Drinking water microbiology in a water-efficient building: stagnation, seasonality, and physicochemical effects on opportunistic pathogen and total bacteria proliferation†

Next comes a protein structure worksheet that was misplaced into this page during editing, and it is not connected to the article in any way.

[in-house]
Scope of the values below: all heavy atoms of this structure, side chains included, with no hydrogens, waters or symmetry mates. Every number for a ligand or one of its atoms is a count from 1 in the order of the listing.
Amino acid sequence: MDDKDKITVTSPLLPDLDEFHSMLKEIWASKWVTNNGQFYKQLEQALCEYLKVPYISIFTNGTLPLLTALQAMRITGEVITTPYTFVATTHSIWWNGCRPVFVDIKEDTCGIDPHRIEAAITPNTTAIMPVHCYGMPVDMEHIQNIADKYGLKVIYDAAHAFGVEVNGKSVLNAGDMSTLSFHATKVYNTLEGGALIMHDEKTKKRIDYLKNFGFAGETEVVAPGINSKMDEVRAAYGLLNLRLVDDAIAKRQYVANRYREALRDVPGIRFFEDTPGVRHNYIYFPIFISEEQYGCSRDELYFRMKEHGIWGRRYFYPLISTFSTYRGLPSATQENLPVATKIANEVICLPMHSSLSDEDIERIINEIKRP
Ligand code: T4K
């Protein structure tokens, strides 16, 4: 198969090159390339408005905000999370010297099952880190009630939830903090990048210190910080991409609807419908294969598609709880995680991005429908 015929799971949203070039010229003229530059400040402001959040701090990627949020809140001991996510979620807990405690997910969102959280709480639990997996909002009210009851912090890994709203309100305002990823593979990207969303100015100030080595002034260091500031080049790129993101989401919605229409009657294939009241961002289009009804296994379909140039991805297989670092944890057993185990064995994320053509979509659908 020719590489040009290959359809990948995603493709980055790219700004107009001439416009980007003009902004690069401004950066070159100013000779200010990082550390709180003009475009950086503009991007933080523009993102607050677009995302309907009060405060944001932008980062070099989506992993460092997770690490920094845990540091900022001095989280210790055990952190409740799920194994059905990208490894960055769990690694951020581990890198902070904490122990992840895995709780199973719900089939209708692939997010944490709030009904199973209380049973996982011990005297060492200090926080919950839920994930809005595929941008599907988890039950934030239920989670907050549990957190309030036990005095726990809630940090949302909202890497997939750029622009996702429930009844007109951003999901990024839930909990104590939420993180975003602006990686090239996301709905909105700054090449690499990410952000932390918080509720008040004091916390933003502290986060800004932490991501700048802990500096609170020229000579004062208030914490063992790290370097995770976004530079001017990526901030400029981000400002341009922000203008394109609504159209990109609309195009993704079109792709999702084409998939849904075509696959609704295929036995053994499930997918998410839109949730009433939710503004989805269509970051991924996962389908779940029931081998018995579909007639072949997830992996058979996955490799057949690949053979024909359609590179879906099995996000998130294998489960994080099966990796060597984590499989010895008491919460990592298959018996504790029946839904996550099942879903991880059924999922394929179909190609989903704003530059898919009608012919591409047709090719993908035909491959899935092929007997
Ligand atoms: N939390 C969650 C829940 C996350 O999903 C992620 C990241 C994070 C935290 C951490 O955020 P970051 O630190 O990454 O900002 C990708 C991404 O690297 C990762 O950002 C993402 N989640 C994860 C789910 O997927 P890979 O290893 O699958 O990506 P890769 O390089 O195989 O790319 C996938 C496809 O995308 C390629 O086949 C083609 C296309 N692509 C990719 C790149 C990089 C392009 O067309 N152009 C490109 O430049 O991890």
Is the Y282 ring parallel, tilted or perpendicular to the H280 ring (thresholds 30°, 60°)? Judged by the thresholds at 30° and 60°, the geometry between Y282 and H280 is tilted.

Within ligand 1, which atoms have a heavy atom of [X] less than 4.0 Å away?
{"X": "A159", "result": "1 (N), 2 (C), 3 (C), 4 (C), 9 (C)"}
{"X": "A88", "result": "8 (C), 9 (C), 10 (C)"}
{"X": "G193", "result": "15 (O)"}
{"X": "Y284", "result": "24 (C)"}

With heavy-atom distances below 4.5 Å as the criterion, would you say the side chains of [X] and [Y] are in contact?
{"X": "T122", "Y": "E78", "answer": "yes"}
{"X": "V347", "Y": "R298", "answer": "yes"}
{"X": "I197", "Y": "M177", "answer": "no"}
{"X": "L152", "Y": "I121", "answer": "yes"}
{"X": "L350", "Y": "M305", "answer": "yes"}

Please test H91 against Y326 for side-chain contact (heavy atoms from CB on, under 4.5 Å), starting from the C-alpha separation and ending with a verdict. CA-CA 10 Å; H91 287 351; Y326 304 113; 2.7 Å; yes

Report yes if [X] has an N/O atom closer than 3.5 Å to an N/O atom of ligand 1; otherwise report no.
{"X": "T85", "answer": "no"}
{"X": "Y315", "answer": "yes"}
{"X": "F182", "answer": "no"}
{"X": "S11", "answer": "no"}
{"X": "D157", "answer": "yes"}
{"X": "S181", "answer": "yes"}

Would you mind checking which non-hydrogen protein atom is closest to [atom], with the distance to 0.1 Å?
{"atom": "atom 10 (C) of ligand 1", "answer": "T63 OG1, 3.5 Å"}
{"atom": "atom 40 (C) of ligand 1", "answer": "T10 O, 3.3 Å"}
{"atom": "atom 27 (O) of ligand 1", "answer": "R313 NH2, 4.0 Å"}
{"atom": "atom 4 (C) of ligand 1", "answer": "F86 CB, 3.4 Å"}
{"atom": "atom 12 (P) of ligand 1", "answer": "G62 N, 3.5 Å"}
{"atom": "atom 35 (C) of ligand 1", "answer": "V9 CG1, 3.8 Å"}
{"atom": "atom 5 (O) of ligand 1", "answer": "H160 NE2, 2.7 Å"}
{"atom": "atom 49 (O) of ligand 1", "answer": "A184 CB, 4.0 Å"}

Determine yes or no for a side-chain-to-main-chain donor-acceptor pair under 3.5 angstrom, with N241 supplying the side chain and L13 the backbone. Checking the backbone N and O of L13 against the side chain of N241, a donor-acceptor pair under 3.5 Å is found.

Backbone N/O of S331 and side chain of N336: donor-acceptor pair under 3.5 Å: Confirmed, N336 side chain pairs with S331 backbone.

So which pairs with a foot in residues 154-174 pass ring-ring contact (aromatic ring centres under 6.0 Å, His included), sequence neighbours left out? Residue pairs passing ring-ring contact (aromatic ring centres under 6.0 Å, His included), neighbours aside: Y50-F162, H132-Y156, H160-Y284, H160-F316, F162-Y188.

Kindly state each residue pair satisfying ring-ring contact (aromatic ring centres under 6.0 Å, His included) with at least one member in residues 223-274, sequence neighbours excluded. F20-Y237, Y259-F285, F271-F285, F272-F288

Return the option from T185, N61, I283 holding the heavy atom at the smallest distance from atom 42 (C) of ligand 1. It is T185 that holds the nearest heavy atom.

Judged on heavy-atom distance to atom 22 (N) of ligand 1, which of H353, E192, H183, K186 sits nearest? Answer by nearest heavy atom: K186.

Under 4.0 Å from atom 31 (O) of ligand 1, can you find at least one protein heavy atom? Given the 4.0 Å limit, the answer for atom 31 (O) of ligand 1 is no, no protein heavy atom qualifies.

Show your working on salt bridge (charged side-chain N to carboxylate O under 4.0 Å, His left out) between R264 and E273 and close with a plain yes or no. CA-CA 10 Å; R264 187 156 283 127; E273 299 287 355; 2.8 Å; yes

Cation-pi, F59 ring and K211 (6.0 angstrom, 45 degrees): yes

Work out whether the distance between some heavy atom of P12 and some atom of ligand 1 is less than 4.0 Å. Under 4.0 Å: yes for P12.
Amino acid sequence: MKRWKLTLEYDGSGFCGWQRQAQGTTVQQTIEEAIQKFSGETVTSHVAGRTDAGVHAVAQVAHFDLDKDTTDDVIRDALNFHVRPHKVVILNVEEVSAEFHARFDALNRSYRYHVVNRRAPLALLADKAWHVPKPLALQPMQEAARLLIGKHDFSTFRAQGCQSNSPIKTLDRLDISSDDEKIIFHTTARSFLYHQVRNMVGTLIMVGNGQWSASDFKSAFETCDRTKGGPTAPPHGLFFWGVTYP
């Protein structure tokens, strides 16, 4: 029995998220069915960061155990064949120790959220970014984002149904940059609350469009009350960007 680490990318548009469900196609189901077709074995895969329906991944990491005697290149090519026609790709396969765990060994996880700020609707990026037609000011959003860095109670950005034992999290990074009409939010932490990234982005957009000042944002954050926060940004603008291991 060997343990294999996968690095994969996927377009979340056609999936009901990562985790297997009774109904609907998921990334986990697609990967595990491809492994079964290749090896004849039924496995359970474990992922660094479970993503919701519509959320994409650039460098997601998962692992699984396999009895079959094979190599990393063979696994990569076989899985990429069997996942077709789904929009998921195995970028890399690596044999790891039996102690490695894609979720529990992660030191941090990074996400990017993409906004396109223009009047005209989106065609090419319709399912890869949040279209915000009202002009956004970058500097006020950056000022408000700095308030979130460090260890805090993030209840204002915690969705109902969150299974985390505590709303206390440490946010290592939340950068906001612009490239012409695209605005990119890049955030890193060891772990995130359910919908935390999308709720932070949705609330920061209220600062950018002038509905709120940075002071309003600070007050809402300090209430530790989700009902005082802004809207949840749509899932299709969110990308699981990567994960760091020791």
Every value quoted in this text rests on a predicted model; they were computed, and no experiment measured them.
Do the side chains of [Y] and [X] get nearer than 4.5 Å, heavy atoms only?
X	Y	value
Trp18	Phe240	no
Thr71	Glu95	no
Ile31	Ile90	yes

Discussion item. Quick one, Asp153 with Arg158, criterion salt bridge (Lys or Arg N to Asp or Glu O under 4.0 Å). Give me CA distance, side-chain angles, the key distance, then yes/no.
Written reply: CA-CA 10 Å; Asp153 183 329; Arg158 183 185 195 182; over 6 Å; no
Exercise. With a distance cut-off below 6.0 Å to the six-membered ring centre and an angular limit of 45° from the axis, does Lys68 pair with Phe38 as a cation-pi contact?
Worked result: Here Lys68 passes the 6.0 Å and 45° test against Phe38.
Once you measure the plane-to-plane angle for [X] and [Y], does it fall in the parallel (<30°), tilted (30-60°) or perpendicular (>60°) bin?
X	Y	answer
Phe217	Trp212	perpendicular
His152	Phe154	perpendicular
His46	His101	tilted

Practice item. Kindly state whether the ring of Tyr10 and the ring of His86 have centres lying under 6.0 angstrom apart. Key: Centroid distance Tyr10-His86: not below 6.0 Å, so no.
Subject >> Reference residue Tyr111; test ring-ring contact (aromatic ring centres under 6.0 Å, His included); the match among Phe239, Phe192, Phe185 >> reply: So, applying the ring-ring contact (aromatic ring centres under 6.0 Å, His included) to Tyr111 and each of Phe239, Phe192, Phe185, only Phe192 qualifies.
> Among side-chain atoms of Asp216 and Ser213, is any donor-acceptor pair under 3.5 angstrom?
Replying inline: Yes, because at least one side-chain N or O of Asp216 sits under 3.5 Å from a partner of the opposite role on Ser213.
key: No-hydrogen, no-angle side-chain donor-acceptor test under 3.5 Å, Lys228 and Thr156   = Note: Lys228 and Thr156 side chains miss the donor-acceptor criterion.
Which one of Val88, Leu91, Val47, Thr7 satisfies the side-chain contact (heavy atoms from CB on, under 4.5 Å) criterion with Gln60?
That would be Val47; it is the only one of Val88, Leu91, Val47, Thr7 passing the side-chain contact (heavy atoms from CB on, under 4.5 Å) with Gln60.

The rising trend in water conservation awareness has given rise to the use of water-efficient appliances and fixtures for residential potable water systems. This study characterized the microbial dynamics at a water-efficient residential building over the course of one year (58 sampling events) and examined the effects of water stagnation, season, and changes in physicochemical properties on the occurrence of opportunistic pathogen markers. Mean heterotrophic plate counts (HPC) were typically lowest upon entering the building at the service line, but increased by several orders of magnitude at the furthest location in the building plumbing. Legionella spp. and Mycobacterium spp. were detected in the plumbing, with the highest detection occurring in the summer months. Log-transformed HPC were significantly correlated with total cell counts (TCC) (rs = 0.714, p < 0.01), Legionella spp. (rs = 0.534, p < 0.01), and Mycobacterium spp. occurrence (rs = 0.458, p < 0.01). Reduced water usage induced longer stagnation times and longer stagnation times were weakly correlated with an increase in Legionella spp. (rs = 0.356, p < 0.001), Mycobacterium spp. (rs = 0.287, p < 0.001), TCC (rs = 0.216, p < 0.001) and HPC (rs = 0.395, p < 0.001). Interrelationships between seasonal shifts in water chemistry and genus-level genetic markers for opportunistic pathogens were revealed. This study highlights how drinking water microbiology varies seasonally and spatially throughout a low-flow plumbing building and highlights the possible unintended consequences associated with reduced water usage and increases in stagnation.